Kuster pondered the question of whether requiring justification for price increases – a policy included in several of the transparency bills discussed at the hearing – will slow the rising costs. 

      Miller thinks it will have a small effect. Instead, the focus should be on rebuilding the competition in the market, he said. And for the very expensive drugs that don’t have competition, “you can look at reference pricing where the price that Medicare pays for a drug is tied to its clinical value,” said Miller. “You can also look at a negotiation process in which you set lanes for the bids…and you might use some of the clinical effectiveness or international prices to set those ranges.”

      But other panelists were quick to reject price negotiation and transparency requirements, which would require companies to report price increases to the U.S. Department of Health and Human Services (HHS). Some panelists argued that the act would impose ambiguous reporting requirements as well as retroactive reporting that could lead to some negative effects in the market.  

      “It’s certainly challenging to comply with a law in good faith when the law was not even on the books at the time the conduct occurred, so that’s probably our top issue,” said Lisa Joldersma of PhRMA.

      Research and development does not justify drug prices

        A common refrain from the drug industry is that high prices are necessary to cover the cost of researching and developing new drugs. But industry experts are not buying it.

        “Despite the astounding amounts of money they are making, you will hear industry say that if government acts to stop its abuses, innovation will dry up. It is not true; do not be fooled,” said Frederick Isasi of Families USA during his opening testimony before the committee. “Of their trillion dollars in worldwide revenue, industry is spending less than a fourth of their revenue on innovation…much more on marketing and on profit.”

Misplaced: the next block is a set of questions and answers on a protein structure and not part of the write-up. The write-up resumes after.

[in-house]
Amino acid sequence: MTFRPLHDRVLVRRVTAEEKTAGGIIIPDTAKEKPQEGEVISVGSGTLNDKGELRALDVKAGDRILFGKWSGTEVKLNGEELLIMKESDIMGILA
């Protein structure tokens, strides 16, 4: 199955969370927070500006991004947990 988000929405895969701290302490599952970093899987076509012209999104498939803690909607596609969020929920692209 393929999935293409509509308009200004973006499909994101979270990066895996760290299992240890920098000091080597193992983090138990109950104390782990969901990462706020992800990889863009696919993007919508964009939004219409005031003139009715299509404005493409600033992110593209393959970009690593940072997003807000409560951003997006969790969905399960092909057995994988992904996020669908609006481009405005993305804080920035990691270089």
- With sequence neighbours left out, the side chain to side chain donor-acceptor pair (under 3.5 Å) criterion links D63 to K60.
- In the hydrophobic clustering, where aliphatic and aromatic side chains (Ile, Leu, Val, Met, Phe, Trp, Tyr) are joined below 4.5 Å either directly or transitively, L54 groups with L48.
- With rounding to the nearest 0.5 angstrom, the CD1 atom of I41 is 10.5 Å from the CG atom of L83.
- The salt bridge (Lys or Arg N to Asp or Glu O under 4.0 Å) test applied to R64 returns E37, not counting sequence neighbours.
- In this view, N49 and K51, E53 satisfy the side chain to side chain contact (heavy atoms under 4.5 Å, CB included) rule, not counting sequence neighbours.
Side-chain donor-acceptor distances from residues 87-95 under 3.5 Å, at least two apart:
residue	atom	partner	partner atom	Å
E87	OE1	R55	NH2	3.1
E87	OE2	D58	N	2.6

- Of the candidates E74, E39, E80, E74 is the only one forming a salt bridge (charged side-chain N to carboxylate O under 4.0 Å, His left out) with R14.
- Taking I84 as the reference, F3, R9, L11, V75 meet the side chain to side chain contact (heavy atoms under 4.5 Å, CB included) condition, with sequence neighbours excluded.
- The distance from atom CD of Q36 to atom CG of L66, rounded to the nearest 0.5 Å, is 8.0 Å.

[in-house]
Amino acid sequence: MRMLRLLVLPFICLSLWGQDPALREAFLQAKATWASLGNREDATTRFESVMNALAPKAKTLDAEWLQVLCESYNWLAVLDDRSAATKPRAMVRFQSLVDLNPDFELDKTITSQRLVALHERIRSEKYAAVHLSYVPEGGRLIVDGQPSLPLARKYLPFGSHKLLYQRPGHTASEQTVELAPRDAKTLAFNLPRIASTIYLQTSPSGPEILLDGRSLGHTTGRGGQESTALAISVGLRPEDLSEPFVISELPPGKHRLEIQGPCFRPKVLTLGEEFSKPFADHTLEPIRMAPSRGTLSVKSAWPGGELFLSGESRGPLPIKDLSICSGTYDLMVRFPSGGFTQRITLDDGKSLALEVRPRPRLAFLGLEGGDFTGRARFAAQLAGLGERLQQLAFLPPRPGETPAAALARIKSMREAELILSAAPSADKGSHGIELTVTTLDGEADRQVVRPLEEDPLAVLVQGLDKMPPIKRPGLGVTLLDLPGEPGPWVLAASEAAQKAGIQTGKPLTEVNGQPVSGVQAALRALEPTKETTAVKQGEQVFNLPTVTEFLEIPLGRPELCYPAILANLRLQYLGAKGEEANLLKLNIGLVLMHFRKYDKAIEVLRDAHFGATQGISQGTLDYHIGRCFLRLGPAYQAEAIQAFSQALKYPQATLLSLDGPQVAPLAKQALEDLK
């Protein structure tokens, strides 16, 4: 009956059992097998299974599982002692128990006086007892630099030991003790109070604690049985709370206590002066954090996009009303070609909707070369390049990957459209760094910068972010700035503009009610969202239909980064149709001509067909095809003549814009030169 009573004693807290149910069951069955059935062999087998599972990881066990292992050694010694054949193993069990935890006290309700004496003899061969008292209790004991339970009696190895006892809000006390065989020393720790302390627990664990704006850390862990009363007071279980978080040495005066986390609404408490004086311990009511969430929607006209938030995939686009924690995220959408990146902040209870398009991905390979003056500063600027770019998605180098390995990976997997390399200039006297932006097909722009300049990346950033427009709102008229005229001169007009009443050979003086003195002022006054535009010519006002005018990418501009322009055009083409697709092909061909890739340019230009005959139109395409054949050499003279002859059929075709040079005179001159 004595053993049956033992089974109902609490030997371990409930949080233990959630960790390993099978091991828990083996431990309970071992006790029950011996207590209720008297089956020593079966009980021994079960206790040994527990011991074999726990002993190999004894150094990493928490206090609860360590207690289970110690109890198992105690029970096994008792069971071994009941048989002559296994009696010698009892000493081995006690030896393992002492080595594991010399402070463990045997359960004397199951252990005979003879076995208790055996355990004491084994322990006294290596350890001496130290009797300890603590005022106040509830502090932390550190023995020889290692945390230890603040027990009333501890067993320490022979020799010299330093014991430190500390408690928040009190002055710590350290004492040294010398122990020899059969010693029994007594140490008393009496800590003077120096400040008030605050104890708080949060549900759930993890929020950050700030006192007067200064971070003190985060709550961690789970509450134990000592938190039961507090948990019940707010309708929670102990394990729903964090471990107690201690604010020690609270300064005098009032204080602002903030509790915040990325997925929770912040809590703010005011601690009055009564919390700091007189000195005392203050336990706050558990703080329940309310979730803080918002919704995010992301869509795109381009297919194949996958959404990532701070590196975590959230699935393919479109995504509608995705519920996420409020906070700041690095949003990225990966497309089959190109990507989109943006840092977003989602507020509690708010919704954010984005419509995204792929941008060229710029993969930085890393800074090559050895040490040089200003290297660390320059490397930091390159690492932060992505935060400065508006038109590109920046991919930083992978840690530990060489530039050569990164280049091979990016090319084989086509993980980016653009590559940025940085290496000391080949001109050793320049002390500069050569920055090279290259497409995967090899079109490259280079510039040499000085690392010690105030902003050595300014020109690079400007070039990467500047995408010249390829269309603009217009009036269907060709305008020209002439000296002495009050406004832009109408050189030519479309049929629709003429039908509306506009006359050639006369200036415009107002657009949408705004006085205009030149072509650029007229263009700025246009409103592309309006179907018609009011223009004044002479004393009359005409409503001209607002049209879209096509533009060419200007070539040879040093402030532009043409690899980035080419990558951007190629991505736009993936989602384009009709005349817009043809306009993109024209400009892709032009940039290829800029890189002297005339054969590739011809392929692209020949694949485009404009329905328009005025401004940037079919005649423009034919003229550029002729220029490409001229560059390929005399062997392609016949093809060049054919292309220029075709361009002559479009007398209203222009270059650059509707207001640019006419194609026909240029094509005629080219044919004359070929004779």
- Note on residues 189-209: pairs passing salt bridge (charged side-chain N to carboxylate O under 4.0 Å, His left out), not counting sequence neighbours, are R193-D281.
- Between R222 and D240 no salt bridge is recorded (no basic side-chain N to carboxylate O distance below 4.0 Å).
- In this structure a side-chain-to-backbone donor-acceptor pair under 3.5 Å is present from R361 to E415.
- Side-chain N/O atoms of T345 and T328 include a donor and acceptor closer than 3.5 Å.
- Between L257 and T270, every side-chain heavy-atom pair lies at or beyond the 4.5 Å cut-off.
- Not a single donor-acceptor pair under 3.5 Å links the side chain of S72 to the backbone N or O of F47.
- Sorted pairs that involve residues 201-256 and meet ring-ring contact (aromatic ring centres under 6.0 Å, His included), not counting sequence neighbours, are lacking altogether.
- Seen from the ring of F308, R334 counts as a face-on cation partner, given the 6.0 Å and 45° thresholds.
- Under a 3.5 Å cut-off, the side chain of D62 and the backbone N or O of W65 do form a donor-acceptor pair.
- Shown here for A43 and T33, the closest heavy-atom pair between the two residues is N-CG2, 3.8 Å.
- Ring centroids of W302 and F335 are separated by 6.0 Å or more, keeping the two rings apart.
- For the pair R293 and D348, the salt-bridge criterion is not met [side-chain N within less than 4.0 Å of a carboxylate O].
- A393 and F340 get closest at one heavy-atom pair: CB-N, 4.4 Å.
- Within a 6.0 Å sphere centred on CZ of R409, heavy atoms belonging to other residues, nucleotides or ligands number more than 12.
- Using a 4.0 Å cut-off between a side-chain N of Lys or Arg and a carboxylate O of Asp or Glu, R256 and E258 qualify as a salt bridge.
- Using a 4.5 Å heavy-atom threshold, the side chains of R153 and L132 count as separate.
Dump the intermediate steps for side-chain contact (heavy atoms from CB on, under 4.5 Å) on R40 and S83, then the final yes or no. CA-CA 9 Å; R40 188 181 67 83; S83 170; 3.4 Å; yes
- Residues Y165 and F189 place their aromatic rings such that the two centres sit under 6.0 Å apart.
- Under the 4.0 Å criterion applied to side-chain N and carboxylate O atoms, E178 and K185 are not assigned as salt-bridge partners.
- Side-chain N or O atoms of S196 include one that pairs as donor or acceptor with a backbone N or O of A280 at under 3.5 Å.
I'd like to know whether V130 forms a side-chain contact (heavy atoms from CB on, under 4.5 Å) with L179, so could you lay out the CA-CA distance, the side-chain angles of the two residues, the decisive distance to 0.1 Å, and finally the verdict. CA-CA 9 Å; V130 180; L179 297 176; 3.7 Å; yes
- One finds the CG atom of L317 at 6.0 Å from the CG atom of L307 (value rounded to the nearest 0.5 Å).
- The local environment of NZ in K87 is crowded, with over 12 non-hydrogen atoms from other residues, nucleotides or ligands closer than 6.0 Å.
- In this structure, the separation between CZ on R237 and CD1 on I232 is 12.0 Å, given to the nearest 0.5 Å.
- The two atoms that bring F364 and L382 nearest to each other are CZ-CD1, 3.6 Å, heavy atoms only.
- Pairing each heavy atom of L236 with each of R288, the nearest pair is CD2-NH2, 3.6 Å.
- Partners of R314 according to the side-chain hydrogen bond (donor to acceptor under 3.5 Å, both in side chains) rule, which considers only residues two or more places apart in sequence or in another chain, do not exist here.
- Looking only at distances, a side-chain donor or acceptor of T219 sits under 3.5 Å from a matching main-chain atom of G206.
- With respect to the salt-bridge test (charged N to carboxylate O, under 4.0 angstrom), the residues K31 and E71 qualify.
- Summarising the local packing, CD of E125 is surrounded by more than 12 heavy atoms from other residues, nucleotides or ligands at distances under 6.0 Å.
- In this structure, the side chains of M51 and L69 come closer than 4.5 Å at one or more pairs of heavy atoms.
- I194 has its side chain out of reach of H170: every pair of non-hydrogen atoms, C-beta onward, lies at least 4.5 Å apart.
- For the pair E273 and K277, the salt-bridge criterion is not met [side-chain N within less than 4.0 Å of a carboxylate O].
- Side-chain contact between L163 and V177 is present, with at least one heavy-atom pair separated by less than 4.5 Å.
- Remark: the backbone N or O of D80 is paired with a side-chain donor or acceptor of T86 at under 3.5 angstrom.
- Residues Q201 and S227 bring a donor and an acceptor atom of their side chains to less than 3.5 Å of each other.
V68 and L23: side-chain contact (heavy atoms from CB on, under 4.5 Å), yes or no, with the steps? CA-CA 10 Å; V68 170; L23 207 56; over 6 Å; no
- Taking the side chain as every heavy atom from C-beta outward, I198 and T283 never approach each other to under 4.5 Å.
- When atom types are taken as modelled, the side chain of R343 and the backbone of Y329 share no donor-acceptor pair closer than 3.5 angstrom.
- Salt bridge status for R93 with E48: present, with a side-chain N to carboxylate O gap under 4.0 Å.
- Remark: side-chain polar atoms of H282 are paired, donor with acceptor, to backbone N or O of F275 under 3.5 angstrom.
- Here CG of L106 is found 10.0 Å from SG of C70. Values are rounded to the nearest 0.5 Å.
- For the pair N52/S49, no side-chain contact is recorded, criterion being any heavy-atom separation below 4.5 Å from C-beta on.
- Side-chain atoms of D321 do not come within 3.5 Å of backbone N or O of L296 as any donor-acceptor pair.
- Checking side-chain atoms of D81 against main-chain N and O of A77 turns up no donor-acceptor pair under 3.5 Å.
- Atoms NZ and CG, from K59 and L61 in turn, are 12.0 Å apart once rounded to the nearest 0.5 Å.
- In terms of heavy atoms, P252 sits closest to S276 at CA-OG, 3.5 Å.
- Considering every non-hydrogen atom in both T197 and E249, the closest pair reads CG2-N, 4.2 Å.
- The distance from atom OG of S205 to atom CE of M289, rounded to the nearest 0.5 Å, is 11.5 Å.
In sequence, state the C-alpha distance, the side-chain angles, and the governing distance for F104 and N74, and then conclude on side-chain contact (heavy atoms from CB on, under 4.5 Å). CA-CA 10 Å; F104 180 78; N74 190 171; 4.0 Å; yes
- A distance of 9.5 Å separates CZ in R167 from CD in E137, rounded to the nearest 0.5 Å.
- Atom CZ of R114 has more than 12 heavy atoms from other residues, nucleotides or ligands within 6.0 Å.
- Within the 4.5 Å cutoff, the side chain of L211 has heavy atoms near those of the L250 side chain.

Voters are skeptical, too. In a new poll  by Geoff Garin of Hart Research Associates and Whit Ayers of North Star Opinion Research, voters overwhelmingly supported more aggressive measures to limit prices, such as Medicare negotiation for drugs that don’t have competition. An astonishing 87 percent of adults supported negotiation even after being exposed to the strongest counter-arguments – including the R&D claim.

        “Research shows the amount of revenue that comes out of the United States alone exceeds worldwide R&D investments by something like 70 percent, and there have been studies that Arnold Ventures supported that showed that the costs of producing the drugs are less than being claimed by the industry,” Miller said.

        Some lawmakers are not sold on this argument either: “We know that marketing to physicians and other health care professionals by companies increased from $15.5 billion in 1997 to $20.3 billion in 2016. That’s about a 30 percent increase,” said Eshoo.  

        In a heated exchange, Rep. Peter Welch (D-VT) asked Joldersma point blank how much drug companies spend on research, advertising, stock buybacks, and CEO pay. 

        “I’d be happy to provide the wealth of information that’s already filed by our companies quarterly and annually,” said Joldersma. 

        “I do not want a wealth of information. I want four facts,” Welch replied.